The TV remake of 1996’s From Dusk Till Dawn perplexes
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The TV remake of 1996’s From Dusk Till Dawn perplexes

Robert Rodriguez tells a vampire story, again

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B-

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In 1996, Quentin Tarantino and Robert Rodriguez teamed up to make From Dusk Till Dawn, a horror-crime film about two bloodthirsty bandits running into a vampire den. Everyone dies, pretty much. Some of them turn into vampires on the way; then they die, too. Both Tarantino and Rodriguez are notorious for their bloody, gory storytelling, and Tarantino’s script coupled with Rodriguez’s directing made for a unique film, at the very least. The film starts with an intimate, tense conversation between a lawman and a convenience store owner; it turns into sudden, over-the-top violence, and then makes a left turn into pseudo-Aztec supernatural gore.

The film is neither man’s best work, but it attained a kind of cult following. The special effects are so horrible that they are endearing; and Tarantino’s performance as the madman Richie Gecko meshes well with George Clooney’s performance as Richie’s brother Seth. The rapport between the brothers carries the film, which is saturated with a sense of murderous cool that marks both Pulp Fiction and Once Upon A Time In Mexico. Rodriguez, now a well-established director in his own right, shares a lot of stylistic choices with Tarantino, but not all. He’s drawn to stories of Mexican identity and cultural expression, and he is apt to have more of a sense of humor than Tarantino. His Mariachi movies are both lyrical and comic, and wavers between the two with surprising ease.

Now he’s launching his own network, El Rey. And he is commemorating the event with a 10-part miniseries retelling of From Dusk Till Dawn, complete with the same characters, same shot-for-shot scenes, and an expanded supernatural mythology.

If only he would explain why.

True, the name of the network is the name of the near-mythical final destination for the Gecko brothers in the original film—and it’s engrossing, watching the series, to try to find all of the references to the original film. The series has far better production values, and a spare style that is reminiscent of other prestige crime shows—Breaking Bad for atmosphere and True Detective for storytelling techniques. Like the latter, the series jumps back and forth in time, and like the former, the show makes much of the empty space and arid landscape of its setting in Texas. And naturally, because it has 10 hours instead of 100 minutes, the series will be taking its time telling the story of From Dusk Till Dawn.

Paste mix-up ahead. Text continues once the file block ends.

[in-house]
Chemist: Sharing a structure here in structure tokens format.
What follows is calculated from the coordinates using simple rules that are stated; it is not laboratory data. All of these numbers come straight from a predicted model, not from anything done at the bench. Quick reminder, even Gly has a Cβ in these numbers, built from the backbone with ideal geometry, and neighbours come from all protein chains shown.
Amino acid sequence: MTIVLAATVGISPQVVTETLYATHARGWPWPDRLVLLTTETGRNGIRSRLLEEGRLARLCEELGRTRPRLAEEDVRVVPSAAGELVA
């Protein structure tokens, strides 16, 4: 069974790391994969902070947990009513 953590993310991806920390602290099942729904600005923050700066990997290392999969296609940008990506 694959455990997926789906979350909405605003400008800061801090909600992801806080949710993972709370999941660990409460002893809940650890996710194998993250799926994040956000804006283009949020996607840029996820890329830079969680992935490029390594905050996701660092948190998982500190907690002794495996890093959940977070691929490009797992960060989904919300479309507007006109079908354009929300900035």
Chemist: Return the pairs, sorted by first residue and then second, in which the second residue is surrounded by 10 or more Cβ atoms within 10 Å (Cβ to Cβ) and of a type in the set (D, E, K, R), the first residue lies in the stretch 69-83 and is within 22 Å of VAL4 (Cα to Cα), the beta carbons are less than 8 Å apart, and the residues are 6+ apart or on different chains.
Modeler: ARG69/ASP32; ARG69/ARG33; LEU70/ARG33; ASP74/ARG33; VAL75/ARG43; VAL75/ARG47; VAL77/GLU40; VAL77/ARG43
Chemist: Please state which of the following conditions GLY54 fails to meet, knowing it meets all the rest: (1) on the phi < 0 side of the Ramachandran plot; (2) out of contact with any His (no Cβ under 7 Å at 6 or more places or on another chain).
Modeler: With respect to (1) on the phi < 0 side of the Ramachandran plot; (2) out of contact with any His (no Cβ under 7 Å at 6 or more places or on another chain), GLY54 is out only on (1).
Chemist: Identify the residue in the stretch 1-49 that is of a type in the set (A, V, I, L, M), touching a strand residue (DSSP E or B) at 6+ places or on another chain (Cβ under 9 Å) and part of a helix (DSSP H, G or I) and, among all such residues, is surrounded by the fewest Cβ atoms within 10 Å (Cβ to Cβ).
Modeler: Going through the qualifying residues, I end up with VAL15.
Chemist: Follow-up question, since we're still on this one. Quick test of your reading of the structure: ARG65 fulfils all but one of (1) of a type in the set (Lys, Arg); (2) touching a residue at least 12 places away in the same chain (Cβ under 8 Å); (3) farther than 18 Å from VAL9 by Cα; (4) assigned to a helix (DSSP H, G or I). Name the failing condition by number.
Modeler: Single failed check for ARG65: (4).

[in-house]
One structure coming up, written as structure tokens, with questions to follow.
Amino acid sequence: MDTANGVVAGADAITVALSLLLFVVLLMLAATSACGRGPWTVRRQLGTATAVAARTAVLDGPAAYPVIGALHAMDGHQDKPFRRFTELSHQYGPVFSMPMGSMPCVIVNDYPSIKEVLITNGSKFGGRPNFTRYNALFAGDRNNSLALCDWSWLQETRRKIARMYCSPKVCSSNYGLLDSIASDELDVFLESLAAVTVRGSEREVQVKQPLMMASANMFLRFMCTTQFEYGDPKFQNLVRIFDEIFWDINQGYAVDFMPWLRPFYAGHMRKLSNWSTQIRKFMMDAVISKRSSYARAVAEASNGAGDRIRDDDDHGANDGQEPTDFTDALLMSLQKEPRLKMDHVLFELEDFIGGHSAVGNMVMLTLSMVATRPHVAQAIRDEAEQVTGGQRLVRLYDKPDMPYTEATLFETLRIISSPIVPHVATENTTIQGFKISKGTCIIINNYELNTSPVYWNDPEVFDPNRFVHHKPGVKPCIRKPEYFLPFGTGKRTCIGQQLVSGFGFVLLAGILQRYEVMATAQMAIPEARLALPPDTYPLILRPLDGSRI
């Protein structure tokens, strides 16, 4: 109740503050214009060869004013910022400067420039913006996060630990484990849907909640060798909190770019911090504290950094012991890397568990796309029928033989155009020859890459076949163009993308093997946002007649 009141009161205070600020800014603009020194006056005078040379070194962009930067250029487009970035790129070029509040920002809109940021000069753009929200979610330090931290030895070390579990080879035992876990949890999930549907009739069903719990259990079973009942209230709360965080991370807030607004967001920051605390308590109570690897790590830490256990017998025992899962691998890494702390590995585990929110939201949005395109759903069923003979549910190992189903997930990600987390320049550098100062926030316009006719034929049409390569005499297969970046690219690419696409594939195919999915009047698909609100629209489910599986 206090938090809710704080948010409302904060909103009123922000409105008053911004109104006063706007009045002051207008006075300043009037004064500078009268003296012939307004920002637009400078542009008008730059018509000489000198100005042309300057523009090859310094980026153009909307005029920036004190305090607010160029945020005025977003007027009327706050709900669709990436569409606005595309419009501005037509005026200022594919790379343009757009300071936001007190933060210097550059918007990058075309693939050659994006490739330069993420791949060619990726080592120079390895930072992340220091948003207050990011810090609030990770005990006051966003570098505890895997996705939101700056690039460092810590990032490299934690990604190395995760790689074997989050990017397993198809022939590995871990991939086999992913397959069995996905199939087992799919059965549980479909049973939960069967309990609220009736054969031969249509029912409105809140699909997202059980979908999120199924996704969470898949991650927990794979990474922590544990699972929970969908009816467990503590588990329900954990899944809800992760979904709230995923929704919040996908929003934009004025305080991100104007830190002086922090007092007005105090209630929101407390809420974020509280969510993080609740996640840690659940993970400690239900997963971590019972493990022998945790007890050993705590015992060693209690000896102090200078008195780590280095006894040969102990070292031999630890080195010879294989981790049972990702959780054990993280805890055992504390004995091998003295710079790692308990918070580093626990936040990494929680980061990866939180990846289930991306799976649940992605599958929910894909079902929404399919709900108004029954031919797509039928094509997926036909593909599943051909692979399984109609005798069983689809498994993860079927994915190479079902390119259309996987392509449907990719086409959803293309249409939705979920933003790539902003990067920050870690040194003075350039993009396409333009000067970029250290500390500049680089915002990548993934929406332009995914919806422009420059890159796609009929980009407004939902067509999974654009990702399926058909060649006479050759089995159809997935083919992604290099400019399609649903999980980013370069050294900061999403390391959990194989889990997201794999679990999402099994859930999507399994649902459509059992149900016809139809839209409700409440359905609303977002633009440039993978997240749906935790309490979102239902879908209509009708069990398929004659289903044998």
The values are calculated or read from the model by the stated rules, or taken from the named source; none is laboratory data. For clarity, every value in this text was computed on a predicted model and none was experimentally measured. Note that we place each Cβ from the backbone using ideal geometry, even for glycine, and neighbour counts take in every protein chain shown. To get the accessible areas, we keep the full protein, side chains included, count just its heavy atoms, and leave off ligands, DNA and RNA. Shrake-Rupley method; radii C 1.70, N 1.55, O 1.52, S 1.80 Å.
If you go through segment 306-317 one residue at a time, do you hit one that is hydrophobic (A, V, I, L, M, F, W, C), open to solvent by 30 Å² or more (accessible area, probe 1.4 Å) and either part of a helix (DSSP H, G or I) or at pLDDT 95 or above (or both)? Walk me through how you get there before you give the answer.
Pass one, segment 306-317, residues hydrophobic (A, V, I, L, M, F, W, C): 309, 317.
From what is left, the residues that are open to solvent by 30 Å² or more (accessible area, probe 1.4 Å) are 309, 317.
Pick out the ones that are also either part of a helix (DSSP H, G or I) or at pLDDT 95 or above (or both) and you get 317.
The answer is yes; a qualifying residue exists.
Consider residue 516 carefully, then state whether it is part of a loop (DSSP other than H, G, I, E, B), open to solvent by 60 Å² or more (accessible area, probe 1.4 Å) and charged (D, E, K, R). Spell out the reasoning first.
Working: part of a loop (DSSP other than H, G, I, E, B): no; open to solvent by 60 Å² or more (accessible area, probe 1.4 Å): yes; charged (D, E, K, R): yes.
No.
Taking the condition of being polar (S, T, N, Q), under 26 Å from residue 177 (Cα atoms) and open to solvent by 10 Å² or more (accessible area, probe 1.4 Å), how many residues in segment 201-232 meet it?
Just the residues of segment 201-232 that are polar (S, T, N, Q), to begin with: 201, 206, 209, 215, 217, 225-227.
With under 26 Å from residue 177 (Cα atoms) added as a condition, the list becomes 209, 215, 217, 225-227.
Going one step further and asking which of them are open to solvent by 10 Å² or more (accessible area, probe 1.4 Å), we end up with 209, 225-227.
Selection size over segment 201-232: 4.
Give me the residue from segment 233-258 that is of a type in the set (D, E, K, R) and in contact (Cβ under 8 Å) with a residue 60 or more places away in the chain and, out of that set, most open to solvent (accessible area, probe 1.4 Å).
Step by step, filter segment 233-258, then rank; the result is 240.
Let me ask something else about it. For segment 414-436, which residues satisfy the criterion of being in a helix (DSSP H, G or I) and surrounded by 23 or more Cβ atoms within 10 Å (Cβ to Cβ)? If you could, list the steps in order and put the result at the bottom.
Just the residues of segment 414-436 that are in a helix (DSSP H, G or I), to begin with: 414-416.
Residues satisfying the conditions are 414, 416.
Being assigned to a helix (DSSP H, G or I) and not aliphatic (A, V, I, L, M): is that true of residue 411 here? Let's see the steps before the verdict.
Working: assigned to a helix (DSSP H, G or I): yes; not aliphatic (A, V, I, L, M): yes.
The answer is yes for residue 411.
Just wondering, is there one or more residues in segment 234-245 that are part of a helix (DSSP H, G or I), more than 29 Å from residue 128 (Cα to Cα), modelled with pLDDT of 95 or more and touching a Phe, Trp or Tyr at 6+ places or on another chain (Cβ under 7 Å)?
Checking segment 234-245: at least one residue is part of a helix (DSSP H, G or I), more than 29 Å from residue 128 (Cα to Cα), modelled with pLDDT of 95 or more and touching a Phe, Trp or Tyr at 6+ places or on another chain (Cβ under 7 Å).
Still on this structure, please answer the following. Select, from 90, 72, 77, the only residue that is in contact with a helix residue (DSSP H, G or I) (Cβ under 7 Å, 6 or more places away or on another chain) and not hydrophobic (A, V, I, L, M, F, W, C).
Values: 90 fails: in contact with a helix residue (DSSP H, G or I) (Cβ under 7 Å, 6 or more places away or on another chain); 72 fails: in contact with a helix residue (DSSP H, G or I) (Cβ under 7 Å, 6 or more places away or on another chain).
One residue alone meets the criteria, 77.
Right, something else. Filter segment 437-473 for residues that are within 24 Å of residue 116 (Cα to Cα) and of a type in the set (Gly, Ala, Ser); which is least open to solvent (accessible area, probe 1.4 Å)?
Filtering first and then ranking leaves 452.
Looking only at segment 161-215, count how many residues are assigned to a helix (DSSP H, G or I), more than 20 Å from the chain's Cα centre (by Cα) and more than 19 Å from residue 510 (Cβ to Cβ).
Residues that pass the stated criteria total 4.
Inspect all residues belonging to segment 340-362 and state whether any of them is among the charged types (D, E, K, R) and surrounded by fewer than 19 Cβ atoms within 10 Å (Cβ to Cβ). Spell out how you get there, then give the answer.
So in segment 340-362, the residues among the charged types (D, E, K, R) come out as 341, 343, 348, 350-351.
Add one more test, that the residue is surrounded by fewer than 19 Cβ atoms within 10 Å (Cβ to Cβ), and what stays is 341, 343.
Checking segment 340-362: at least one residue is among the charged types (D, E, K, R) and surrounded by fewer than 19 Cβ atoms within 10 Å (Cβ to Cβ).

It’s hard not to feel that this is a terrible waste of time. The original film’s strengths are washed out in this version, which is instead mining it for televisual drama. Certainly his dedication to casting Latino actors is admirable—Wilmer Valderrama even has a part!—and the execution is near-flawless. It’s a very pretty series. But that disconnect between expectation and reality that the film played with so well is going to pack more of a punch for viewers who start watching something about a shootout at a liquor store in week one and find themselves in a vampiric bloodbath in week 10.

There is some foreshadowing—the cold open of the first episode is a mysterious voiceover accompanying arcane writing or illustrations and a shot of a woman in a pit, being strangle, devoured, and violated by writhing snakes. (One dives into her mouth, and keeps going. She expresses shock and fear. It is a simulacrum of oral rape.) And Richie’s madness takes on a supernatural form that makes him see succubi where others see 21-year-old girls.

But it’s a weak and infuriating “supernatural.” Both those devices—along with the inevitable appearance of Satanico Pandemonium, the vampire dancer played in the original film by a mostly naked Salma Hayek—serve as a front to objectify and brutalize women. And in the slow storytelling of the series, each woman’s blank terror is hard to avoid.

Perhaps that’s the point. It’s almost two decades later; perhaps Rodriguez has decided to retell this story, but with true horror where slick mythmaking sufficed in 1996. The biggest deviation from the original film is the addition of another character: Jesse Garcia’s Ranger Freddie Gonzalez, who swears to avenge his fallen mentor, Ranger McGraw, after he is killed by the brothers. That could add a twist. Perhaps at the end of this series, everyone will hold hands and sing and promise not to kill again.

But it seems unlikely.


Developed by: Robert Rodriguez
Starring: D.J. Cotrona, Zane Holtz, Jesse Garcia, Eiza González, Wilmer Valderrama
Debuts: Tuesday on El Rey at 9 p.m. Eastern
Pilot watched for review

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